VIJAY PRASHAD: It’s interesting. I mean, this is part of the kind of, you know, bizarre turn of events in the world. You know, at one point in 2010-2011, you saw that people in the West fulminating against Gaddafi, you know, talking about democracy in Libya, we saw a range of people–some of them, of course, where there are still allegations that their election campaigns were funded by Mr. Gaddafi, such as Nicolas Sarkozy of France, and so on. They were on a high horse about dictatorship in Libya, authoritarianism, need to overthrow it, and so on.

By the way, this is France, which had just been caught flat-footed in Tunisia, where it had backed, essentially, the dictatorial government that was overthrown in the first bout of the Arab Spring. In fact, France backed that government right till it fell, and very quickly pivoted to, in a sense, reestablish its reputation as a country of great Enlightenment values, and pro-democracy, and so on, and using Libya as the best case for it to rebrand itself as a champion of human rights and so on.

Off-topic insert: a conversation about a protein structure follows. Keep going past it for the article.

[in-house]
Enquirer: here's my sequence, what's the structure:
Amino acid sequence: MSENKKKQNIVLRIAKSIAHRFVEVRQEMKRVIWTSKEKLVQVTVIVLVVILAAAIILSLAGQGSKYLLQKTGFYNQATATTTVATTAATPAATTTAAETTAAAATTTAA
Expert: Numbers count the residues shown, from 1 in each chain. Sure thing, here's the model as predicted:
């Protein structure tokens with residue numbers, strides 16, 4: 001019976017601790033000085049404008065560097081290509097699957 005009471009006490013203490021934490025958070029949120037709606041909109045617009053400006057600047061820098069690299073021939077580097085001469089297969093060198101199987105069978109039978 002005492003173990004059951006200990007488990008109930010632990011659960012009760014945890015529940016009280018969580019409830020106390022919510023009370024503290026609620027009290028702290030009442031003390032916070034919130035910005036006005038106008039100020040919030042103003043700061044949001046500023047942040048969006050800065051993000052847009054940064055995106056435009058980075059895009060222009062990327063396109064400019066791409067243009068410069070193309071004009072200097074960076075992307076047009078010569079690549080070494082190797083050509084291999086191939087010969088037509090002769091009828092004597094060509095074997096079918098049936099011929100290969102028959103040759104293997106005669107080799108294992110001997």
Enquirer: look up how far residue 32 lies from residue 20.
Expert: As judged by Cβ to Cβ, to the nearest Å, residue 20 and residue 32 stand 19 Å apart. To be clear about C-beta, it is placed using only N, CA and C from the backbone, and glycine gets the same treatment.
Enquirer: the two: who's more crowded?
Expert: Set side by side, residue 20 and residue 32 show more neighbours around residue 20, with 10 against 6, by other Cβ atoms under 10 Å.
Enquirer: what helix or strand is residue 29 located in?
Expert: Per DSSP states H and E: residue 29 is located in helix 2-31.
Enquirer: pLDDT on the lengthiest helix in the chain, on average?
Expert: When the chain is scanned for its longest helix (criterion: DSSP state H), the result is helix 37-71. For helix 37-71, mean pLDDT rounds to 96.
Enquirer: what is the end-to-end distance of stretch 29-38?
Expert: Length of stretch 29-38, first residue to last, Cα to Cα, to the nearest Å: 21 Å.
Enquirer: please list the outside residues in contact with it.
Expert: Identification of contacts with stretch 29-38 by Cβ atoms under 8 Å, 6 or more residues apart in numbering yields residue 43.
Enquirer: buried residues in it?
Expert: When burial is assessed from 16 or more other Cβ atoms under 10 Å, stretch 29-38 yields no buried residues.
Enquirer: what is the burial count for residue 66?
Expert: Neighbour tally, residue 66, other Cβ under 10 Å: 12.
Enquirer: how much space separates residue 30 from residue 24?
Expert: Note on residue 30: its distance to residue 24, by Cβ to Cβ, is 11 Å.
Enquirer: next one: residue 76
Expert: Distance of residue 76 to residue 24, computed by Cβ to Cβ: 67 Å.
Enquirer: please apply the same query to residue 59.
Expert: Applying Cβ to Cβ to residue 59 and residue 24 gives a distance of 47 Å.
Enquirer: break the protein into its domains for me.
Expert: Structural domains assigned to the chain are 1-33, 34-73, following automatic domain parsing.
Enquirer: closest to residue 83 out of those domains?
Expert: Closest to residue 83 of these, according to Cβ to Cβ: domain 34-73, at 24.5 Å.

And so France at the time was talking a great deal, and so was the United States, Hillary Clinton in the lead, about the need to bring democracy to Libya. Well, it turns out, of course, that they brought a hash of things into Libya. Brought chaos in Libya. And now they are willing, after all this, to return Libya to the very cliche that they said they wanted to overthrow. In other words, the strongman authoritarian government. And I find that here the question should not just remain within Libya, but we need to reopen questions about these regime change wars such as against Libya, which brought great loss of life and terrible suffering for the Libyan people from 2011 onwards. You know, didn’t improve their lot. And here we are, you know, several years later, eight years later, saying, well, you know, Libya needs a strongman. I find this not only very disturbing, but it’s an indictment of Western powers.

SHARMINI PERIES: All right. So let’s talk about what’s there in Libya, in terms of the interest of France, Russia, U.S. It is an oil-rich country. Now, why are they so interested in Libya?